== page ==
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Trump celebrates after his unpopularity puts red seats in play

21 April 2017

The election was for the seat vacated by Republican Tom Price - who won with almost 62 per cent of the vote a year ago - after United States President Donald Trump appointed him Secretary of Health and Human Services.

Even with being outspent 2-to-1 with ad buys and robocalls by President Trump and his billionaire friends, Democrat Jon Ossoff will enter Georgia's Sixth Congressional District Special election runoff in a strong position, thanks to a groundswell of grassroots volunteers. Ossoff is a former congressional staffer and Handel is a former Georgia secretary of state.

A young Democratic Party candidate has come close to winning an outright victory for a US Congressional seat in a staunchly Republican district in Georgia, in an early sign of trouble for the ruling party in next year's mid-term elections. If no one reaches 50 percent, the top two vote-getters square off on June 20.

The victor will succeed Republican Tom Price, who resigned the seat to join Trump's administration as health secretary.

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While Karen Handel, a Republican, came in a distant second with 37,993 votes which represent 19.8% of the votes in the special election for a U.S. House seat in a Republican-dominated section of Georgia.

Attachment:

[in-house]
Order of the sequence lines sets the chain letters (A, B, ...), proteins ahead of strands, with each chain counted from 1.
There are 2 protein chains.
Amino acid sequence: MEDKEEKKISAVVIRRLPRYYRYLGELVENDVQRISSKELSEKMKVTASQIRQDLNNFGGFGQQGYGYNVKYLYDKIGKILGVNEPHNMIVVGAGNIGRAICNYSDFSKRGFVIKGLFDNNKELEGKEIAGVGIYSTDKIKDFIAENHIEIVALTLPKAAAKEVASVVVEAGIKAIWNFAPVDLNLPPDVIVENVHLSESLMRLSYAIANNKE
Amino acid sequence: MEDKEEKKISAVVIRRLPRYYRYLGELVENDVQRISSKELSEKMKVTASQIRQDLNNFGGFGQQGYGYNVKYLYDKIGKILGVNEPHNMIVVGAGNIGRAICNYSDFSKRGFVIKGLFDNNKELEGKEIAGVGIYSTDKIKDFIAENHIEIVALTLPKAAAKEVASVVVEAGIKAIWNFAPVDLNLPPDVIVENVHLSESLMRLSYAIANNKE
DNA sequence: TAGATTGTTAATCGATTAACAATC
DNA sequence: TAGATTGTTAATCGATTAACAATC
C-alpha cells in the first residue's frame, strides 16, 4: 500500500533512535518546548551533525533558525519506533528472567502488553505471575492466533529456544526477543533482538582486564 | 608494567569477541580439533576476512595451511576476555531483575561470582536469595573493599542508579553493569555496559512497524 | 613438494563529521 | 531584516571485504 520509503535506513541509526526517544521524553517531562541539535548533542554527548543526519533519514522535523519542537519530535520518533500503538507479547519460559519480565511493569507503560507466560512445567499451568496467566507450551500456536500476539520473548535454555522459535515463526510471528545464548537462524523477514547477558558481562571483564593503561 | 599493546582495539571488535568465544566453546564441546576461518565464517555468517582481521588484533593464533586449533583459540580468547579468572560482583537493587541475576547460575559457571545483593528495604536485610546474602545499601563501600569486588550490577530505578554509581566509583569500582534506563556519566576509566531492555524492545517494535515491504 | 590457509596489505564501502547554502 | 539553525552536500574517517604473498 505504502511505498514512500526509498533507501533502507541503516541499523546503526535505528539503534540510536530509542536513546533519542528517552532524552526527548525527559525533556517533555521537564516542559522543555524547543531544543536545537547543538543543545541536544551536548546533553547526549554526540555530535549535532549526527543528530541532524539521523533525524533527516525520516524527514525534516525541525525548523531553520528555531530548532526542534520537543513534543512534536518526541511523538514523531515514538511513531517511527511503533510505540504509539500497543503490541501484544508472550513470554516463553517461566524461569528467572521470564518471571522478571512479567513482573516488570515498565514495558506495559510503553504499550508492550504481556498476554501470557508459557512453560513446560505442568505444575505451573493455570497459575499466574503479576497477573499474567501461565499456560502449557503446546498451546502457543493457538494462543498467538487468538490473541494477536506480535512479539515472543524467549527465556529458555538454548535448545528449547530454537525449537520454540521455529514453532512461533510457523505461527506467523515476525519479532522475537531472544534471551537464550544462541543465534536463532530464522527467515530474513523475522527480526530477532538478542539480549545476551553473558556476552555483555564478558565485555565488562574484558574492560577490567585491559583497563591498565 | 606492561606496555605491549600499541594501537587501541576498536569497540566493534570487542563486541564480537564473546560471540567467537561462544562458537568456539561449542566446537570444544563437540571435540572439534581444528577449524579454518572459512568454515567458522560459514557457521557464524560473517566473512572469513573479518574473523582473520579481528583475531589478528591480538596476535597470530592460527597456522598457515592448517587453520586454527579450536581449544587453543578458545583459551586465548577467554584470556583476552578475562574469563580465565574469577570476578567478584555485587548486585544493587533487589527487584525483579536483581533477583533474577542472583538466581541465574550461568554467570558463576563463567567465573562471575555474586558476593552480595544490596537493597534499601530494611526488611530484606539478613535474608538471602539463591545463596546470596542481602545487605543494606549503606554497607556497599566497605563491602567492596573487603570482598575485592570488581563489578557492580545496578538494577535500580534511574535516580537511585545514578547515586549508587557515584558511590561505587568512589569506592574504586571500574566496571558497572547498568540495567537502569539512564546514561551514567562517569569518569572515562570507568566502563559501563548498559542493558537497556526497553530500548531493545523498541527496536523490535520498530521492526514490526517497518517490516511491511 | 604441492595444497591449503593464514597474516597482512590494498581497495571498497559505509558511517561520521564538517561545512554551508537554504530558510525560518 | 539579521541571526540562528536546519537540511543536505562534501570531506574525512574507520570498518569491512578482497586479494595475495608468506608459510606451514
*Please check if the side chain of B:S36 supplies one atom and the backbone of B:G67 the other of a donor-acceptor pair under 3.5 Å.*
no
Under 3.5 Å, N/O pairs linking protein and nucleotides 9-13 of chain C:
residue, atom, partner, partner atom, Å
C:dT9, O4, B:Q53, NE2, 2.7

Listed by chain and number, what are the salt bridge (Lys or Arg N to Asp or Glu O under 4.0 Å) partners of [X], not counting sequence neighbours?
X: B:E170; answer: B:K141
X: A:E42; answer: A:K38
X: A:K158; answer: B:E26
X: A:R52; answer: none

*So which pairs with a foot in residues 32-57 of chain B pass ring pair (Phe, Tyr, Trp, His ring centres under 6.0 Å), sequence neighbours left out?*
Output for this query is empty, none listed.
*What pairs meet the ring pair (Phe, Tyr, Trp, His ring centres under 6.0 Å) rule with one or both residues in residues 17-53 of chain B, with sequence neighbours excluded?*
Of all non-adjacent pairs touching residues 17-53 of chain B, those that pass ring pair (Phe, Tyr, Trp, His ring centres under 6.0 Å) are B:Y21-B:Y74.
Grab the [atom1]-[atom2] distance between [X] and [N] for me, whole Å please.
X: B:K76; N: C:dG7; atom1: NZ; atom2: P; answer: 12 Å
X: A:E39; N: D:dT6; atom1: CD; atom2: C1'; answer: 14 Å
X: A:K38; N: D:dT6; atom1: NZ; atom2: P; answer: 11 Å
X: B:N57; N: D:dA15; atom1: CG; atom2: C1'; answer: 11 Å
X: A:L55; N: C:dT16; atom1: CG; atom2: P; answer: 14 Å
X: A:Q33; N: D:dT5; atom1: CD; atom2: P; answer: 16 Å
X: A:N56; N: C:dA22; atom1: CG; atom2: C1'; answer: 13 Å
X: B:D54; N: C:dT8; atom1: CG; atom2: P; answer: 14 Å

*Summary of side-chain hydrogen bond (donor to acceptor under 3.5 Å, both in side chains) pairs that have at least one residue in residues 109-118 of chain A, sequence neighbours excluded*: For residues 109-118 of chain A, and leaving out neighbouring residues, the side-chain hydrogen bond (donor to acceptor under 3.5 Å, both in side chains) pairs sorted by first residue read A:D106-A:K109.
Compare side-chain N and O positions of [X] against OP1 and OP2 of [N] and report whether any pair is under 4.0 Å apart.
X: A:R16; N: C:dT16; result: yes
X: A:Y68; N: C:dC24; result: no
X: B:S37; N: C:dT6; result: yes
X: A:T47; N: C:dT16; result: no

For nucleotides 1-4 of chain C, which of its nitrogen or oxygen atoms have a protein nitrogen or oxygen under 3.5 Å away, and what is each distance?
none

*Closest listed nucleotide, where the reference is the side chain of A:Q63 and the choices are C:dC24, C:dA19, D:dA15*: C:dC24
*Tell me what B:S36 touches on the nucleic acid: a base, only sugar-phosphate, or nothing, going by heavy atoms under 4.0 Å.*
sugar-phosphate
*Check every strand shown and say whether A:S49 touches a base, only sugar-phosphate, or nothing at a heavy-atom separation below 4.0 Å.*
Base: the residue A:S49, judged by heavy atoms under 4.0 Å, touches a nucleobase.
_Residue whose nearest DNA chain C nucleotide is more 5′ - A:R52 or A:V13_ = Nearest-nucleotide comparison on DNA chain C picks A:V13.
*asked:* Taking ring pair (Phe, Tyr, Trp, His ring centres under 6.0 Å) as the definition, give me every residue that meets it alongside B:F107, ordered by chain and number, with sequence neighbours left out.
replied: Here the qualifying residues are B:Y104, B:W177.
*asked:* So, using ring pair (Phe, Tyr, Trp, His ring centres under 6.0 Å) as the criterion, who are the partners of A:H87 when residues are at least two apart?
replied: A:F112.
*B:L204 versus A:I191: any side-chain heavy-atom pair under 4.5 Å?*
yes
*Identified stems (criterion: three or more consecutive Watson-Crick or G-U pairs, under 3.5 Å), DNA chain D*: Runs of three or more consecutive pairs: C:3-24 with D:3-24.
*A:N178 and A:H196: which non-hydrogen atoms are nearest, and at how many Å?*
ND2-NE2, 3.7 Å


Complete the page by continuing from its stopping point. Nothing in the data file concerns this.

He also raised more than $8 million from party donors keen to send a message to Trump and the Republican Party at large ahead of the 2018 midterm elections - which will take place if Trump's approval rating continues to go down.

Trump, a businessman and TV celebrity elected without having previously held political office, has attacked Ossoff on Twitter, calling him a "super Liberal Democrat" who would "protect criminals, allow illegal immigration and raise taxes".

Ossoff earned 48.1 percent in Tuesday's election to replace former Republican Rep. Tom Price, barely eclipsing Clinton's performance, according to Real Clear Politics.

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Georgia's runoff Republican isn't running away from President Donald Trump. "Glad to be of help!" he wrote late on Tuesday.

For his part, Ossoff said for weeks his goal was to win outright, but he rejected any notion that he lost.

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As for whether Trump will campaign with Handel, Spicer said: "We'll see if we're needed". Last week, a House race in Kansas became unexpectedly competitive, with the GOP nominee defeating a Democrat by just seven points in a district Republicans won by more than 30 points in November.

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Trump weighed in heavily on the race, tweeting about it repeatedly in the closing days of the race and criticizing Ossoff by name.